CNN: QAnon fans spread fake claims about real fires in Oregon

CNN: QAnon fans spread fake claims about real fires in Oregon. “Authorities in Oregon are pleading with the public to only trust and share information verified by official sources about the unprecedented wildfires sweeping the state. The pleas come as law enforcement agencies described 911 dispatchers being overrun with calls about a false online rumor that ‘Antifa’ members had been arrested for setting the fires — a claim promoted by the anonymous account behind the QAnon conspiracy theories.”

Mashable: FBI and police departments say wildfire conspiracy theories spreading on Facebook aren’t true

Mashable: FBI and police departments say wildfire conspiracy theories spreading on Facebook aren’t true. “As wildfires devastate the West Coast, the FBI and local officials in California, Oregon, and Washington are also fighting the spread of something else: rampant misinformation. Conspiracy theories about the wildfires are quickly spreading on Facebook. While they vary, most revolve around the idea that antifa, or anti-fascists, are responsible for the fires.”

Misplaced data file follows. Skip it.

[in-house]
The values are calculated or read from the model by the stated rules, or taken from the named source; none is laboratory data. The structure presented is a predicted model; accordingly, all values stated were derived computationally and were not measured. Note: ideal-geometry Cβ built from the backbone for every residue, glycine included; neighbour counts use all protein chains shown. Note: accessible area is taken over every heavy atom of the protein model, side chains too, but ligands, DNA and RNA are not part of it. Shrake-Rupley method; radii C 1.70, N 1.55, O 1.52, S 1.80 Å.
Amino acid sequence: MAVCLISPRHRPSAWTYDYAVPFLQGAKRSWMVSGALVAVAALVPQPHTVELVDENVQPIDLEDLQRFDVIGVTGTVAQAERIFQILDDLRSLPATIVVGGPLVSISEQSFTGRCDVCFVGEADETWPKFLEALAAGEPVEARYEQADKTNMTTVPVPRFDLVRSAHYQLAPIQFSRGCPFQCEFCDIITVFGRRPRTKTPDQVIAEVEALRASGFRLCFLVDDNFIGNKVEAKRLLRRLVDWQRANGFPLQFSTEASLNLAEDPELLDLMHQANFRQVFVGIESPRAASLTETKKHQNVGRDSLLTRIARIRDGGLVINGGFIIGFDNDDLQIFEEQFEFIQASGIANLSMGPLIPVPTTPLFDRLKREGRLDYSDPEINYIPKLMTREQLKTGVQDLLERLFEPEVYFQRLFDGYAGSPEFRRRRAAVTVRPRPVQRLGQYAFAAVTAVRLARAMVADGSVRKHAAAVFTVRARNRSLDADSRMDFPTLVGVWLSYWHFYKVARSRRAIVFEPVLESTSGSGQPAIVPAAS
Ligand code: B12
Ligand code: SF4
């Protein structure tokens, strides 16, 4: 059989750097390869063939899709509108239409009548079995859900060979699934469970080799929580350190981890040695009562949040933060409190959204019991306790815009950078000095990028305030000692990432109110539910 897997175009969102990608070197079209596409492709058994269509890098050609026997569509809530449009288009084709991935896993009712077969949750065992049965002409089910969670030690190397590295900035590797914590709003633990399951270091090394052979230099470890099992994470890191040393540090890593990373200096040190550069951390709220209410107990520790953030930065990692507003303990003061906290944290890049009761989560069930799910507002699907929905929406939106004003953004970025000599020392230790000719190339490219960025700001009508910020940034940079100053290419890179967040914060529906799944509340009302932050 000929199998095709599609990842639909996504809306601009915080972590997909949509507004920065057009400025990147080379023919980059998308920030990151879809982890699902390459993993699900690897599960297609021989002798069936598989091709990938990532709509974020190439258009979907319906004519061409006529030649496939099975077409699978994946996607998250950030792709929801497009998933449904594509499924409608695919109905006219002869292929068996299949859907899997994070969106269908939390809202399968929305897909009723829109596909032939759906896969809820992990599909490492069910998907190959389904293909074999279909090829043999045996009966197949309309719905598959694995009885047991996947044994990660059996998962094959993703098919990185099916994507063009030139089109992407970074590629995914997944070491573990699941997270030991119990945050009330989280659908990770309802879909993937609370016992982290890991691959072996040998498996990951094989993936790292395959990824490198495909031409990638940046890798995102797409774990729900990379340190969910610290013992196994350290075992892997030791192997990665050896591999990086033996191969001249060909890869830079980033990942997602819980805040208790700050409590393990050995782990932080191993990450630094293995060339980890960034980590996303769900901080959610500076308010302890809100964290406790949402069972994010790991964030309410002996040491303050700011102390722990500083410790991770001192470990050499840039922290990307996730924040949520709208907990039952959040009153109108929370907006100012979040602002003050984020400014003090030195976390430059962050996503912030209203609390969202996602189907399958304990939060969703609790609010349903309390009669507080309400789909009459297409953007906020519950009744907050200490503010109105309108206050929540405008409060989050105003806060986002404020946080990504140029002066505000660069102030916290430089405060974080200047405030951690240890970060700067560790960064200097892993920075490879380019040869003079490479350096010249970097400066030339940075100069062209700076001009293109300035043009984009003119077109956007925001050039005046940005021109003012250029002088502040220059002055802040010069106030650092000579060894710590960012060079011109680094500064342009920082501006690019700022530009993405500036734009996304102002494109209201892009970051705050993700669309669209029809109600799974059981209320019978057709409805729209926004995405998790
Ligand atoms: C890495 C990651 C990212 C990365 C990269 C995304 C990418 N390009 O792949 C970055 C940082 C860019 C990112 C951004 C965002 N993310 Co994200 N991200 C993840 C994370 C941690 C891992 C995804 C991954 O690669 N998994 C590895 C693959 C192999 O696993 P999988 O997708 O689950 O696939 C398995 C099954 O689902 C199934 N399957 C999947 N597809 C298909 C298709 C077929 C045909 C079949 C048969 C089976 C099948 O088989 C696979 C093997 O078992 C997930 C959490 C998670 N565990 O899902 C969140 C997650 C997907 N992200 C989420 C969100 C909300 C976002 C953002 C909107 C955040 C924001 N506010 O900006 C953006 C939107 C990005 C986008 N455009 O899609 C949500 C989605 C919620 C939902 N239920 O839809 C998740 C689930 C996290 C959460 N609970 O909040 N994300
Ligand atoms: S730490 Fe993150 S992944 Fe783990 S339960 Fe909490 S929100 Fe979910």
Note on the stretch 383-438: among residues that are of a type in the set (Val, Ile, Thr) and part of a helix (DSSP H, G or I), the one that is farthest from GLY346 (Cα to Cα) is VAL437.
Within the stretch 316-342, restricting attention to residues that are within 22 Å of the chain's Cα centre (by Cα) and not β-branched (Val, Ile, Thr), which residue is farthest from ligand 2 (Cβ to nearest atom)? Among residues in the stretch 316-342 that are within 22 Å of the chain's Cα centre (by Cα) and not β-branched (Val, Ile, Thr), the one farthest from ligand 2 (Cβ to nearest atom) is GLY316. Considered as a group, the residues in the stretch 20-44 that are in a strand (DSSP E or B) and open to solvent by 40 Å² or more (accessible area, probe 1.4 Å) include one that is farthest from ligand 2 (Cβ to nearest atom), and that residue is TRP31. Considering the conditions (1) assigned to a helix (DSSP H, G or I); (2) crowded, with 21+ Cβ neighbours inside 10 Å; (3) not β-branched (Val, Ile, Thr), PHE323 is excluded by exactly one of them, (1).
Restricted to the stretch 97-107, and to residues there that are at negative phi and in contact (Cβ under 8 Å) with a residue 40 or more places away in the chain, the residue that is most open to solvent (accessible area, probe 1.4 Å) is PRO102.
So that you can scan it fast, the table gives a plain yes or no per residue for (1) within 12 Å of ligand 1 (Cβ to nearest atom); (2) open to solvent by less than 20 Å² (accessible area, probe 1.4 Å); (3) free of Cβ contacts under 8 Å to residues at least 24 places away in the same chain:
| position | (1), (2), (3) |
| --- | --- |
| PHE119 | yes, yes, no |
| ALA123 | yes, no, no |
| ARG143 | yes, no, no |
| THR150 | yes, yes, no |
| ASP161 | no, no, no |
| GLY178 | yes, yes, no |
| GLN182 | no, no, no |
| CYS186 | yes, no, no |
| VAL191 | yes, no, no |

PolitiFact: Antifa activists did not start the West Coast wildfires

PolitiFact: Antifa activists did not start the West Coast wildfires. “Dozens of other posts blaming antifa for the wildfires were flagged as part of the company’s efforts to combat false news and misinformation on its News Feed. (Read more about our partnership with Facebook.) Collectively, they’ve been shared thousands of times. Is there some evidence that these left-wing activists are responsible for the wildfires ravaging the West Coast? No. Officials have dispelled the rumors, and while investigations are still ongoing, many of the fires appear to have been sparked accidentally.”

Route Fifty: Parts of Iowa Still Reeling From Powerful Storms, as State Battles Rise in Coronavirus

Route Fifty: Parts of Iowa Still Reeling From Powerful Storms, as State Battles Rise in Coronavirus. “When a powerful line of thunderstorms with hurricane-force winds, known as a derecho, tore through a swath of Iowa on Aug. 10, Lance Lillibridge’s 1,500-acre farm was spared from the worst of the damage. But his neighbors two or three miles to the south were not as lucky. And even three weeks after the storm, the scene Lillibridge described in the area was grim one.”